Doorstop - Canberra 3/7/19

July 03, 2019


SUBJECTS: Floundering economy under the Liberals; Labor’s plan for tax cuts for all workers in this term of Parliament; interest rate cut

JIM CHALMERS, SHADOW TREASURER: The Reserve Bank couldn't be any clearer: the Reserve Bank can't do all of the heavy lifting on their own. They're crying out for help. Those cries for help have been falling on the deaf ears of a Morrison Government which thinks that there's nothing wrong with this economy. The Government has been too busy patting itself on the back for its election victory to notice that the economy has deteriorated substantially on their watch. This is the worst possible time for a Government with no plan and no idea how to turn around this slowing economy. 
Remarkably, we've got Josh Frydenberg saying that the economy is strong. Well, that's news to the Reserve Bank, which cut interest rates to one per cent - a new record low - a third of what they were during the Global Financial Crisis. It's news to so many people in the community who are worried about their stagnant wages, worried about how they'll pay their mortgage, worried about how they'll pay their power bills as well. So the Reserve Bank has been making the obvious point that they can't do all of the heavy lifting on their own. We need the Government to recognise that the economy is floundering and middle Australia is struggling, and we need a Government which is actually prepared to do something about it. 
Yesterday's rate cut bolsters Labor's argument that we need to get more money into the hands of more workers sooner, and circulating through this floundering economy. Labor's amendments in the House last night were all about bringing forward part of Stage 2 of the tax cuts, supporting Stage 1, and not saddling the budget with a $95 billion tax cut which wouldn't come in for another five years. This is a Government which has got the economy wrong at every turn, now wants to pretend that they know what the economy and the Budget will look like in five years' time. It's a Government which has not told the Australian people how they intend to pay for this $95 billion in Stage 3, what cuts to services, what cuts to programs, how they would make room in the Budget for such a big tax cut.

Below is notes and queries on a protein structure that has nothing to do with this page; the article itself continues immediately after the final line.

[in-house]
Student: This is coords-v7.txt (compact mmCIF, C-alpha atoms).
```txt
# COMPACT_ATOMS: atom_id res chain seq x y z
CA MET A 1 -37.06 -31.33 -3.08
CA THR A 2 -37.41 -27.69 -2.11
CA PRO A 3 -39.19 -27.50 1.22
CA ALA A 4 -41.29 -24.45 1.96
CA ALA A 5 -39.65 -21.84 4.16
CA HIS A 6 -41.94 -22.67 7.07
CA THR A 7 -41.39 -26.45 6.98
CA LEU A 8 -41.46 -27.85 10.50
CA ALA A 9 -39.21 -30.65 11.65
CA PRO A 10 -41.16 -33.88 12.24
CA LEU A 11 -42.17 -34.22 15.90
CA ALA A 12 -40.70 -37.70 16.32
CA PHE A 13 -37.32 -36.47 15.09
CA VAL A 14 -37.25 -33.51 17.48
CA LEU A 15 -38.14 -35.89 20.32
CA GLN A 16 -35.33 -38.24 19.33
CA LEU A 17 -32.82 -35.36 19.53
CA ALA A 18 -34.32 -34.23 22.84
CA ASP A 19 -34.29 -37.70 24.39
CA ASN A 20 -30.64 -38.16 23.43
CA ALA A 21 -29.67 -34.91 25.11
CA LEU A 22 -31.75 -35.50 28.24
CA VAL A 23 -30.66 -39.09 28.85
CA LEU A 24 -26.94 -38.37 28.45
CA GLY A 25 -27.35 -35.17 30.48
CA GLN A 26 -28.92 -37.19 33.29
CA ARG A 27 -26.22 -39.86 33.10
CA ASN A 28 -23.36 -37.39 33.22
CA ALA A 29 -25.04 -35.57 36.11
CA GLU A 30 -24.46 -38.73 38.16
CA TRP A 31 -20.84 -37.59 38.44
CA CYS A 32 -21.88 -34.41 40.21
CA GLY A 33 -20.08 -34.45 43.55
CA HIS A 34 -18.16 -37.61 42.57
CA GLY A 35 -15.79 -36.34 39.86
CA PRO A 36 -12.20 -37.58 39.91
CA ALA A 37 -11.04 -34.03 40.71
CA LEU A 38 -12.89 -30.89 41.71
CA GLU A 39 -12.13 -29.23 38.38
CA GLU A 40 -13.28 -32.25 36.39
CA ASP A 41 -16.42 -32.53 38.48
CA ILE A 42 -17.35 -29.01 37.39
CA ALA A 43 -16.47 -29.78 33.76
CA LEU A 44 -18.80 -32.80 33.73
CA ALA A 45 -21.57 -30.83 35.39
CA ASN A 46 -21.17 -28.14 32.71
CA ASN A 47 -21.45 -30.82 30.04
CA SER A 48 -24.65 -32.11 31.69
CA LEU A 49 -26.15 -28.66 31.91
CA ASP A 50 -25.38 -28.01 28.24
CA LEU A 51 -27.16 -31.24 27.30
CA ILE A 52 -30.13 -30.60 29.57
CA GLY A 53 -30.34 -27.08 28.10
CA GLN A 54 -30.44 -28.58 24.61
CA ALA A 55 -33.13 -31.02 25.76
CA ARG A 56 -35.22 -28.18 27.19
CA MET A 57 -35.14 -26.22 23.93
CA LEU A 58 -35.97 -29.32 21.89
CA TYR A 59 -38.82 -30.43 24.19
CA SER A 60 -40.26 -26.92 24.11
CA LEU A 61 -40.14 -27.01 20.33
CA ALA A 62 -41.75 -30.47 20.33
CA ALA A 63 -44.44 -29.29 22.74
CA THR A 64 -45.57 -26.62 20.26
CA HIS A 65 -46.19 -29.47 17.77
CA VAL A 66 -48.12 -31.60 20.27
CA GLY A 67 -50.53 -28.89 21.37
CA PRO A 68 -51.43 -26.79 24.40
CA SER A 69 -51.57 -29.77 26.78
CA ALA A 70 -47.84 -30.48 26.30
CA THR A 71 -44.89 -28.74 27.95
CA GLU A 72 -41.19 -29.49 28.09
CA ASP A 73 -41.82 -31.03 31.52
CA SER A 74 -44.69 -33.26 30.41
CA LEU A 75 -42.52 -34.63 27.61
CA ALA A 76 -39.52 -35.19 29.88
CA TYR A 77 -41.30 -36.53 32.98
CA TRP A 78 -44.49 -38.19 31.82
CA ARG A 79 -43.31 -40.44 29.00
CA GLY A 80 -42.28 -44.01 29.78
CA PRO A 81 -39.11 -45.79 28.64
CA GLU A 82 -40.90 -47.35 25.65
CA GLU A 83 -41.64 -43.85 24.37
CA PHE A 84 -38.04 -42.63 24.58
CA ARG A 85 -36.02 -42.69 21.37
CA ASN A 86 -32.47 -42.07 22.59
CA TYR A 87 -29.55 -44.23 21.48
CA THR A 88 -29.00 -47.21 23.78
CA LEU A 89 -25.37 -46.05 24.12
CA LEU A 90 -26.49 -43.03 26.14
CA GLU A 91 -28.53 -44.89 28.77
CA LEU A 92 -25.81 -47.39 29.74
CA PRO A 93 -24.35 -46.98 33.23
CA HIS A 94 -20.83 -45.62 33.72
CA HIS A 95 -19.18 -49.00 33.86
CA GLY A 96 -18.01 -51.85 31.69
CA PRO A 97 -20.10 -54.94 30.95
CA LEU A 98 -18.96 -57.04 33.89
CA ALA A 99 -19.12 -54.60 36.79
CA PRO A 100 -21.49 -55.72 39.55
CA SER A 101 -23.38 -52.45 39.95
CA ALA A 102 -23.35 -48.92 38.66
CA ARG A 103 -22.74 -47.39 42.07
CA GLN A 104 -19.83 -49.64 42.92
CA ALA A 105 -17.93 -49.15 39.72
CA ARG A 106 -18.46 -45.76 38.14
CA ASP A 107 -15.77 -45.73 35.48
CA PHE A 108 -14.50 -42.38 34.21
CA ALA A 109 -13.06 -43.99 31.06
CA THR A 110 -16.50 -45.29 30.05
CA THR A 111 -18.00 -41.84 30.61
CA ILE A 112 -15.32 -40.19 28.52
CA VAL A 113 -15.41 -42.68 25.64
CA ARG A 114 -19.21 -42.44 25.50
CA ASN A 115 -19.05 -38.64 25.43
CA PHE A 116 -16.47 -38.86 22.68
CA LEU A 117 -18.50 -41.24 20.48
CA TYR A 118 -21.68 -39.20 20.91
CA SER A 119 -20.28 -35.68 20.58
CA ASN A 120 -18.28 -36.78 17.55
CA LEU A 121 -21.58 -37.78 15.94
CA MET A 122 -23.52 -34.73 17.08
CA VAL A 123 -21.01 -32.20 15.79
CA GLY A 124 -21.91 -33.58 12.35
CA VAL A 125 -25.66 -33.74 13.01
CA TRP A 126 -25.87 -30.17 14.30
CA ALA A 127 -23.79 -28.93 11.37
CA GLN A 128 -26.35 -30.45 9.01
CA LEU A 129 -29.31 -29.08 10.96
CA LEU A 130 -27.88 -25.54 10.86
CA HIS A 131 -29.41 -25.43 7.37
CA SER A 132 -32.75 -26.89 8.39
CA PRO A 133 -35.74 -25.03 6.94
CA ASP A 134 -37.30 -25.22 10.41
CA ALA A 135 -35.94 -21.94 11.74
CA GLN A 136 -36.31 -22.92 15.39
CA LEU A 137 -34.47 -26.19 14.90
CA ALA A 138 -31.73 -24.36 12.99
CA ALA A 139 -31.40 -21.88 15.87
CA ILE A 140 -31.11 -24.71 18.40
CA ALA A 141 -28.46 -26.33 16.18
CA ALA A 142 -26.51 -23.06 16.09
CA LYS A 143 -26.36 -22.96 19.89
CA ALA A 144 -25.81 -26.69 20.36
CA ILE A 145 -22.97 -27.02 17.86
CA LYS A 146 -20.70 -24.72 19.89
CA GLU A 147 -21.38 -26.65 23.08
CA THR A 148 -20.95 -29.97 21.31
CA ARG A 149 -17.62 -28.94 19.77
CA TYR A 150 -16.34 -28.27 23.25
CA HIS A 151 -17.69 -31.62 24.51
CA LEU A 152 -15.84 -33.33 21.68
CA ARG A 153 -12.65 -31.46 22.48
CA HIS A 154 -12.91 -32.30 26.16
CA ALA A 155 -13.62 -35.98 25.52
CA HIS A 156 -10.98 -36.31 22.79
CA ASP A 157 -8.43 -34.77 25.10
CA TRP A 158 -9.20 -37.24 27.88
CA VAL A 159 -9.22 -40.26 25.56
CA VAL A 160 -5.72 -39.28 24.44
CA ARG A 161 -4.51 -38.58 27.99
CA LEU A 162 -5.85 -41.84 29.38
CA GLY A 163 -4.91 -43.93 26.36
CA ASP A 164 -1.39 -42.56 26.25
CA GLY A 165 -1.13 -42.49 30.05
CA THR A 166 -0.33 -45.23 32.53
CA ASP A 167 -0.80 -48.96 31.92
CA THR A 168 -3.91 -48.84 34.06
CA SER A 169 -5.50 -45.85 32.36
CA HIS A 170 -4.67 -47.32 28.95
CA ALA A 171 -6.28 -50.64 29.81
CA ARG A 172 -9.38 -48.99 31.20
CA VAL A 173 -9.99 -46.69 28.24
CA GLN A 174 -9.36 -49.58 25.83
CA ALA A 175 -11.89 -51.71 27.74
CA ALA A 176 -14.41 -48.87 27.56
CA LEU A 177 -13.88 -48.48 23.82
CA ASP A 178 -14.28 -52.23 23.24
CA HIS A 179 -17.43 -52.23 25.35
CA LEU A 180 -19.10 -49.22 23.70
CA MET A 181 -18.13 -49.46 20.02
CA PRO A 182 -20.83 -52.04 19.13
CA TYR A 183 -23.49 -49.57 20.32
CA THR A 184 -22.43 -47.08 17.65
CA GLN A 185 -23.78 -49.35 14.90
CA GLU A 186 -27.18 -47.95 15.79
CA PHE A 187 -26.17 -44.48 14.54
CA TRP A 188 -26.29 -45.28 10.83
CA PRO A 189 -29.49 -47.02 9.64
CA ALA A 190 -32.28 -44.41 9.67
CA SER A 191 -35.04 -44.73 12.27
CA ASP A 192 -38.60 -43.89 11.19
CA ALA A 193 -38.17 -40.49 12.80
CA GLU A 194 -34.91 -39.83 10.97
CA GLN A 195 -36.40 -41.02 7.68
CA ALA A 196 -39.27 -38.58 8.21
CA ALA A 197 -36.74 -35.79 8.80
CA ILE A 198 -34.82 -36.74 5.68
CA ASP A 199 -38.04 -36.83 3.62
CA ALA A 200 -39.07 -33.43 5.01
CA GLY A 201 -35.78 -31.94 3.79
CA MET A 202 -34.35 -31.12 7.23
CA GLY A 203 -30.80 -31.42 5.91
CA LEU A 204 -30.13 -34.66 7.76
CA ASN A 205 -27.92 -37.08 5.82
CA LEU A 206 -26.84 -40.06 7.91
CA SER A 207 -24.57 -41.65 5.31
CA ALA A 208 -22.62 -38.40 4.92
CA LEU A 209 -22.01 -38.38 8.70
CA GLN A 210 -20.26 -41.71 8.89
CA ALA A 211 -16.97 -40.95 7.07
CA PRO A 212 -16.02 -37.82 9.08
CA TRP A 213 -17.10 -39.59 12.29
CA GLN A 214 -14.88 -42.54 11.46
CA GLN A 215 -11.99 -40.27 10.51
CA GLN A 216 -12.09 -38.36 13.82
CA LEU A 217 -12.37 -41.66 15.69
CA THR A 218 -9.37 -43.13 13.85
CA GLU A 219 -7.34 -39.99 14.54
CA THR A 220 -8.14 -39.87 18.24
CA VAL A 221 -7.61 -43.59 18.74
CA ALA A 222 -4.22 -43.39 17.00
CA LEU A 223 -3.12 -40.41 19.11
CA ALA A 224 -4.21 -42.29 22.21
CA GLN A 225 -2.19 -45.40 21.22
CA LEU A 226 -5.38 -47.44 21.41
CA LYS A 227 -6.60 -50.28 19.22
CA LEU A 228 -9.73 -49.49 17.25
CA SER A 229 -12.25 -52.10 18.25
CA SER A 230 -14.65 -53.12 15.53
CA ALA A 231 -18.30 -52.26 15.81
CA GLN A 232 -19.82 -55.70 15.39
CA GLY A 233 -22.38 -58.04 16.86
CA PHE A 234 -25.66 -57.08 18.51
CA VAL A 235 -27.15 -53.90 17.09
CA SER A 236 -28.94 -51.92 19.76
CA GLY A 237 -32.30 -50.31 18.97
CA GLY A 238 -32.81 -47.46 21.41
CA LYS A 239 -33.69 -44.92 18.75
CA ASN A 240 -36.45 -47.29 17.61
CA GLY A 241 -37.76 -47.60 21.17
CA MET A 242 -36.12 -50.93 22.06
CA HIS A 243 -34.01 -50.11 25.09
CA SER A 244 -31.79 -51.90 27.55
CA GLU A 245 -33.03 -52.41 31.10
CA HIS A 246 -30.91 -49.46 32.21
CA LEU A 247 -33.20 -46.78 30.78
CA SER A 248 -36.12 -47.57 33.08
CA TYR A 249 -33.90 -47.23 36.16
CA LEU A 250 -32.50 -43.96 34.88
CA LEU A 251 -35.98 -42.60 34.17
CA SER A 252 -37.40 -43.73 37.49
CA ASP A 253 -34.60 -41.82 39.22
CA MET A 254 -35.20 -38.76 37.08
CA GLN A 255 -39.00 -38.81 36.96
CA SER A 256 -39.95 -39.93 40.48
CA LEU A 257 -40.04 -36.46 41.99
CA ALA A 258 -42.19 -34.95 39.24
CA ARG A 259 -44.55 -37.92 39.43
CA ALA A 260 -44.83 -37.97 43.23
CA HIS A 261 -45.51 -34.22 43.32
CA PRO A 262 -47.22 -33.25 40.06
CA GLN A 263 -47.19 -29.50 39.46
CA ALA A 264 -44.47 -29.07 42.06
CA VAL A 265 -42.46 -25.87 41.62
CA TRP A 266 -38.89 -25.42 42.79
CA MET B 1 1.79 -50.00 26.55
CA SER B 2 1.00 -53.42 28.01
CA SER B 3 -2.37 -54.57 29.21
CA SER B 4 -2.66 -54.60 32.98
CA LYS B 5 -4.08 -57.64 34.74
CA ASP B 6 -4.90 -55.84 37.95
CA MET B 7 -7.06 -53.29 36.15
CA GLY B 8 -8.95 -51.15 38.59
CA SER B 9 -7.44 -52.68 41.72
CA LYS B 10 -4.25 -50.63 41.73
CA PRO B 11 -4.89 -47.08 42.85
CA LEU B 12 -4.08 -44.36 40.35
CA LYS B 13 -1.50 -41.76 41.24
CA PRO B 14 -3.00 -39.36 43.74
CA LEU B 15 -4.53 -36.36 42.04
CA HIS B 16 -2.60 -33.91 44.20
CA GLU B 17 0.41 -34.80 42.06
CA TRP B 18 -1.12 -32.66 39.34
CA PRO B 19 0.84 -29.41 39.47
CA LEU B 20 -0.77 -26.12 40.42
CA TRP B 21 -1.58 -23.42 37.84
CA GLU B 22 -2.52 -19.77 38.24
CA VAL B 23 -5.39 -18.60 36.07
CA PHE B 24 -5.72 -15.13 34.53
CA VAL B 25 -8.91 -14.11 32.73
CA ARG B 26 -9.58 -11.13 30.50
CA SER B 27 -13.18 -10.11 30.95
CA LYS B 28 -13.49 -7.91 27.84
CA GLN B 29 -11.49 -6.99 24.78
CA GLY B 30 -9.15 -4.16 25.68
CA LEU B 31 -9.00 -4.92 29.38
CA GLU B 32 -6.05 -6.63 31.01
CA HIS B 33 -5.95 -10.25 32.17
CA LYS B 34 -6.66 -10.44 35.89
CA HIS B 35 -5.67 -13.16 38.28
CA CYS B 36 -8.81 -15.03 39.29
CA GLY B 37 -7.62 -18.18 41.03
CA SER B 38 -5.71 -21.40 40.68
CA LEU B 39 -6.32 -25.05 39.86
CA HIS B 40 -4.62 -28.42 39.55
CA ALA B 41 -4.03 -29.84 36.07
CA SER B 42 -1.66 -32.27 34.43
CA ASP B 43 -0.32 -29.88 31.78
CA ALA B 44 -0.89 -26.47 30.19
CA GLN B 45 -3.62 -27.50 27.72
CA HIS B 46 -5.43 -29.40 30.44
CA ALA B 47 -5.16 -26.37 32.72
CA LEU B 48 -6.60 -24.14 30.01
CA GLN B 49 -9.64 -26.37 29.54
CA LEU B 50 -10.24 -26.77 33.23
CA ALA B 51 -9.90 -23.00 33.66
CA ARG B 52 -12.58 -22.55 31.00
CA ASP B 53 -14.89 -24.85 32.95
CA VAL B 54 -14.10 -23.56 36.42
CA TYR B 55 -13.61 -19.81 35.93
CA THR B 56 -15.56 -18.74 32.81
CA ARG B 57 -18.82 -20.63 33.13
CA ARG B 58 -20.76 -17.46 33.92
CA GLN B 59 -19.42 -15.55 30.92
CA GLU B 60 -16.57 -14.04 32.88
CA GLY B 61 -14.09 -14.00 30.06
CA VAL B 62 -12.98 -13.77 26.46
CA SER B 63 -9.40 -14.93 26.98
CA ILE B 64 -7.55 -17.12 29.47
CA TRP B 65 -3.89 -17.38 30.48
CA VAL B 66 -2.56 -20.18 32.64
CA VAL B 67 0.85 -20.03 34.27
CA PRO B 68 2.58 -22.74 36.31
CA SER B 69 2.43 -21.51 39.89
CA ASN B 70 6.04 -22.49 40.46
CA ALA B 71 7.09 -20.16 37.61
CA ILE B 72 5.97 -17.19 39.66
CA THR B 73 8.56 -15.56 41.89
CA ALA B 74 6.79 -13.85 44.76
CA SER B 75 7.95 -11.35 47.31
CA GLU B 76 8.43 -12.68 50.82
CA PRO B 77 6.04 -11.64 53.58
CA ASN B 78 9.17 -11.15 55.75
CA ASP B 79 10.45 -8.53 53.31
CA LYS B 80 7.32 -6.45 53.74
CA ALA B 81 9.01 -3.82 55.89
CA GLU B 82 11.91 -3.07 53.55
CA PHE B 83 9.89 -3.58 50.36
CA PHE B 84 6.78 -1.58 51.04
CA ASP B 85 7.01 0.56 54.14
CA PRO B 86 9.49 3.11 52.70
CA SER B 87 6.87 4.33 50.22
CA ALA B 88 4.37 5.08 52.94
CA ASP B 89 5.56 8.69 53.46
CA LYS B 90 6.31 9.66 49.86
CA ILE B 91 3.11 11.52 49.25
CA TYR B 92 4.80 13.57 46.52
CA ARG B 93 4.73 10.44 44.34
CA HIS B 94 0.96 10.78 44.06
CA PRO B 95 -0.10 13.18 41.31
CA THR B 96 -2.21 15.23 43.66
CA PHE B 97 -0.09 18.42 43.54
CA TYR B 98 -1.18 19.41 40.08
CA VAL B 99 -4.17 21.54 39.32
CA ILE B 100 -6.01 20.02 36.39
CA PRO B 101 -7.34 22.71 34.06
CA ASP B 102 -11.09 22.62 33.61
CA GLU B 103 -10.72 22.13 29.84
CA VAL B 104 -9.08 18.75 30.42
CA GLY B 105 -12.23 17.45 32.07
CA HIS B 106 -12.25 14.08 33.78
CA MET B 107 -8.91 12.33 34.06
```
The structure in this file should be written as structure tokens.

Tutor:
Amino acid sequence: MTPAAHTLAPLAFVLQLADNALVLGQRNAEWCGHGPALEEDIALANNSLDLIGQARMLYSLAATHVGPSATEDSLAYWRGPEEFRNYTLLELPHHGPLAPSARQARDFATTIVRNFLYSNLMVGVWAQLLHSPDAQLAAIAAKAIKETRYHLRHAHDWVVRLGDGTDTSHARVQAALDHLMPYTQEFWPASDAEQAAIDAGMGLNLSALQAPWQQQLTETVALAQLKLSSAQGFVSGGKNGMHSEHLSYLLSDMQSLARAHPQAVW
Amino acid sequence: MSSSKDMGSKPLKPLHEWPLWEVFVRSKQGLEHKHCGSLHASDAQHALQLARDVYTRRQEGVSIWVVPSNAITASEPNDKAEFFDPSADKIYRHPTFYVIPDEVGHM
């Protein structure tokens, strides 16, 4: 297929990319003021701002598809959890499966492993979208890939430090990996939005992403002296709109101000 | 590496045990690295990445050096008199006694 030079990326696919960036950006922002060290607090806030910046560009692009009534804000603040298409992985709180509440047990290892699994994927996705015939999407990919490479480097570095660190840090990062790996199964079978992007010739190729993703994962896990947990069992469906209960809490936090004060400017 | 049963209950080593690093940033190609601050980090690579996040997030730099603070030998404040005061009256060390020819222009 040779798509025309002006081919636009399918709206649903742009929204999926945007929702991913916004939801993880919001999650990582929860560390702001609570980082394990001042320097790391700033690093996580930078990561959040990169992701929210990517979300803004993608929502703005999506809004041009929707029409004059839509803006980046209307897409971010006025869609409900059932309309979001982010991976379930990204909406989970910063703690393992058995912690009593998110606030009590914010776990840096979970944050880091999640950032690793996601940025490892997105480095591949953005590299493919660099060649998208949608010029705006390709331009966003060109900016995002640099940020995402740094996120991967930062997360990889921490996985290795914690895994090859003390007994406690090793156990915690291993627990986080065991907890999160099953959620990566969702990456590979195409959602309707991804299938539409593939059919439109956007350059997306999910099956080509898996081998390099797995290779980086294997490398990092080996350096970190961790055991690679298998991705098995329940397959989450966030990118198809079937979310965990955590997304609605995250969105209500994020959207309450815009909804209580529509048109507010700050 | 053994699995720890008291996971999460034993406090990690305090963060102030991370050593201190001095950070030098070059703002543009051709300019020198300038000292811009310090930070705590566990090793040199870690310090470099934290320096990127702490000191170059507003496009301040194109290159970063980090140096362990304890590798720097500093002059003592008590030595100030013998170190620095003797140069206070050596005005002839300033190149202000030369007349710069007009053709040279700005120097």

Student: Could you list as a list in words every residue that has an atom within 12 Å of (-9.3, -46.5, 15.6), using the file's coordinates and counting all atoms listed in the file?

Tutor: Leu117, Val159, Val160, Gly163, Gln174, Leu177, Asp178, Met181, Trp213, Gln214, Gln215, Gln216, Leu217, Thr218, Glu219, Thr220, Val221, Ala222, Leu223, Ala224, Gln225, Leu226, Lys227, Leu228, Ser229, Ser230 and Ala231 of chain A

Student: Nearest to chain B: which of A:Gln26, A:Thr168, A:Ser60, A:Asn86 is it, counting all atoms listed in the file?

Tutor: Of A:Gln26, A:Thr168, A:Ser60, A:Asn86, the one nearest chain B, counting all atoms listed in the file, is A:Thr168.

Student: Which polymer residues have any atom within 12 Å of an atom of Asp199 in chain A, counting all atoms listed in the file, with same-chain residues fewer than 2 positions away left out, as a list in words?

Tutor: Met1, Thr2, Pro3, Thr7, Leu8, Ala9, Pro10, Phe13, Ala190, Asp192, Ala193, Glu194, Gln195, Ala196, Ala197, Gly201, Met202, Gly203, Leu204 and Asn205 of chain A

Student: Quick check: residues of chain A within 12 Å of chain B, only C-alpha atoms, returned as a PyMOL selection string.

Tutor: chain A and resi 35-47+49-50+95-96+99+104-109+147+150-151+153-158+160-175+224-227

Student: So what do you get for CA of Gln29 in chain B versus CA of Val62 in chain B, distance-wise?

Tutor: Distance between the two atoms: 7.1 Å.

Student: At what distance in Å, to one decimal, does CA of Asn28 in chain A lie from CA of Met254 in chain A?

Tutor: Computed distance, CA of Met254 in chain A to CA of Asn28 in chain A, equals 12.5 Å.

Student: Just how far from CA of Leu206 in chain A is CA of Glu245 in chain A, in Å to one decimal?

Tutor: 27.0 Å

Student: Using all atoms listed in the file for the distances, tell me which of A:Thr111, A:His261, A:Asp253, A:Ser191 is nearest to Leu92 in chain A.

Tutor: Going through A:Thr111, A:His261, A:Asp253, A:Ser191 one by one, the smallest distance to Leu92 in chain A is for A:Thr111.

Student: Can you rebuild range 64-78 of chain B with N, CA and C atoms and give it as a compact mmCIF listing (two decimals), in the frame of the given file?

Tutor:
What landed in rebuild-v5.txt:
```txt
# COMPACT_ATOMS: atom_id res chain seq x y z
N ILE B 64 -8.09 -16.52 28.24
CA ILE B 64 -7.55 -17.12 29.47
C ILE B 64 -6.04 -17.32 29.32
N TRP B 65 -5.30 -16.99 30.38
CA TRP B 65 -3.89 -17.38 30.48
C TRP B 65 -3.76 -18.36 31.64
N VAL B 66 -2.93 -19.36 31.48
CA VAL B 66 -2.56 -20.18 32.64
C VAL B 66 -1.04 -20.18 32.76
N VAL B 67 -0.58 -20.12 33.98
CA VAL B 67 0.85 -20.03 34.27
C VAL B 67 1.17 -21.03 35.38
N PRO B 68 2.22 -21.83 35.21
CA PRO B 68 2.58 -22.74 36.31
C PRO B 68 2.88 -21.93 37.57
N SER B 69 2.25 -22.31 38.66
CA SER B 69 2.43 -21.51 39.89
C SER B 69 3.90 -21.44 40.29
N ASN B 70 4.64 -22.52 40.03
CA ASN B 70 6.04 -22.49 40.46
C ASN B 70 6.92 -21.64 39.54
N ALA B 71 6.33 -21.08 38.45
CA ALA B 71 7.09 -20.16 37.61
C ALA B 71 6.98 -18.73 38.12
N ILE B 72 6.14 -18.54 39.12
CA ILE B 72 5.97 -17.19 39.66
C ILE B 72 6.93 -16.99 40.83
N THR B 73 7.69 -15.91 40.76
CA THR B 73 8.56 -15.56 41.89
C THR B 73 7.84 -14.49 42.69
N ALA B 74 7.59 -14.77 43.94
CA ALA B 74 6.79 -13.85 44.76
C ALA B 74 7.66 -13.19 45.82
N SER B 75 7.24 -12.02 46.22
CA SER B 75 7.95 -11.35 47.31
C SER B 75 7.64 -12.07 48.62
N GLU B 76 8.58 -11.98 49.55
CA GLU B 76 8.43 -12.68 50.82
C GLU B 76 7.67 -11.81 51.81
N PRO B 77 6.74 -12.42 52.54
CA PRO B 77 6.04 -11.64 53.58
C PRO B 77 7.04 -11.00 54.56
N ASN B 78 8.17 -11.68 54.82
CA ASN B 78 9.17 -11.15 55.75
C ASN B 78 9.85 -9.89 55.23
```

Remarkably, in the House last night when Labor moved an amendment to bring forward part of the Government's own tax cuts from 2022 to 2019, the Government voted against that. The so-called "party of lower taxes" voted against their own tax cut being implemented sooner than what they are proposing. And what that means is it's only Labor which has a proposal on the table which would give every Australian worker a tax cut this term, not on the never never. The Government opposed that and so that remains - the Government's tax plan would not give every Australian worker a tax cut this parliamentary term or this year. Labor's proposal would do that. 
So our position remains that we want to do three things. We want to boost the economy, which desperately needs it. We need to get a tax cut into the hands of more workers and flowing through the economy this year, not down the track. And we don't want to saddle the Budget with $95 billion in tax cuts which won't come in for another five years when the Government can't tell us how they'll pay for them, and they have absolutely no idea what the economy or the Budget will look like in five years' time. And we'll be pursuing our amendments in the Senate along those lines.
JOURNALIST: Are you now in a position, Shadow Treasurer, that if the crossbench winds up supporting the Government, you will wind up supporting this package in full?
CHALMERS: What we've said is we'll put all of our effort into our amendments. There's still discussions to be had in the Senate. We'll consider our other options after that. 
JOURNALIST: Do you plan on holding another Shadow Cabinet or caucus meeting between now and the Senate vote? 
CHALMERS: Well, our internal decision-making processes are a matter for us. We'll do what we can to involve colleagues in that discussion. But as we've said ever since Monday's meetings, the Shadow cabinet and the caucus agreed when they saw the legislation before us that our intention was to pursue the amendments that we moved in the House last night and that we'll move in the Senate tomorrow. What those amendments are about is getting more workers a tax cut sooner, boosting the economy which desperately needs it, and not saddling the Budget with $95 billion in unfunded tax cuts when the Government doesn't know what the Budget or the economy will look like.
JOURNALIST: When you say you have to consider your other options after that, what are your other options?
CHALMERS: It depends how the Senate debate unfolds. It's clear to everyone here that at some point if our amendments fail, we'll have to make another decision. And we've said that we'll make that at that point. 
JOURNALIST: So you'll make a similar decision what you made in the House then?
CHALMERS: I'm not prepared to pre-empt that.

JOURNALIST: But would it not, the optics of it, if you don't vote the same way you do in the House that you do in the Senate, would that they not show that there is an uncertainty in your own position on this?
CHALMERS: I'm not going to get into the ins and outs of a decision we haven't taken yet. Thanks very much.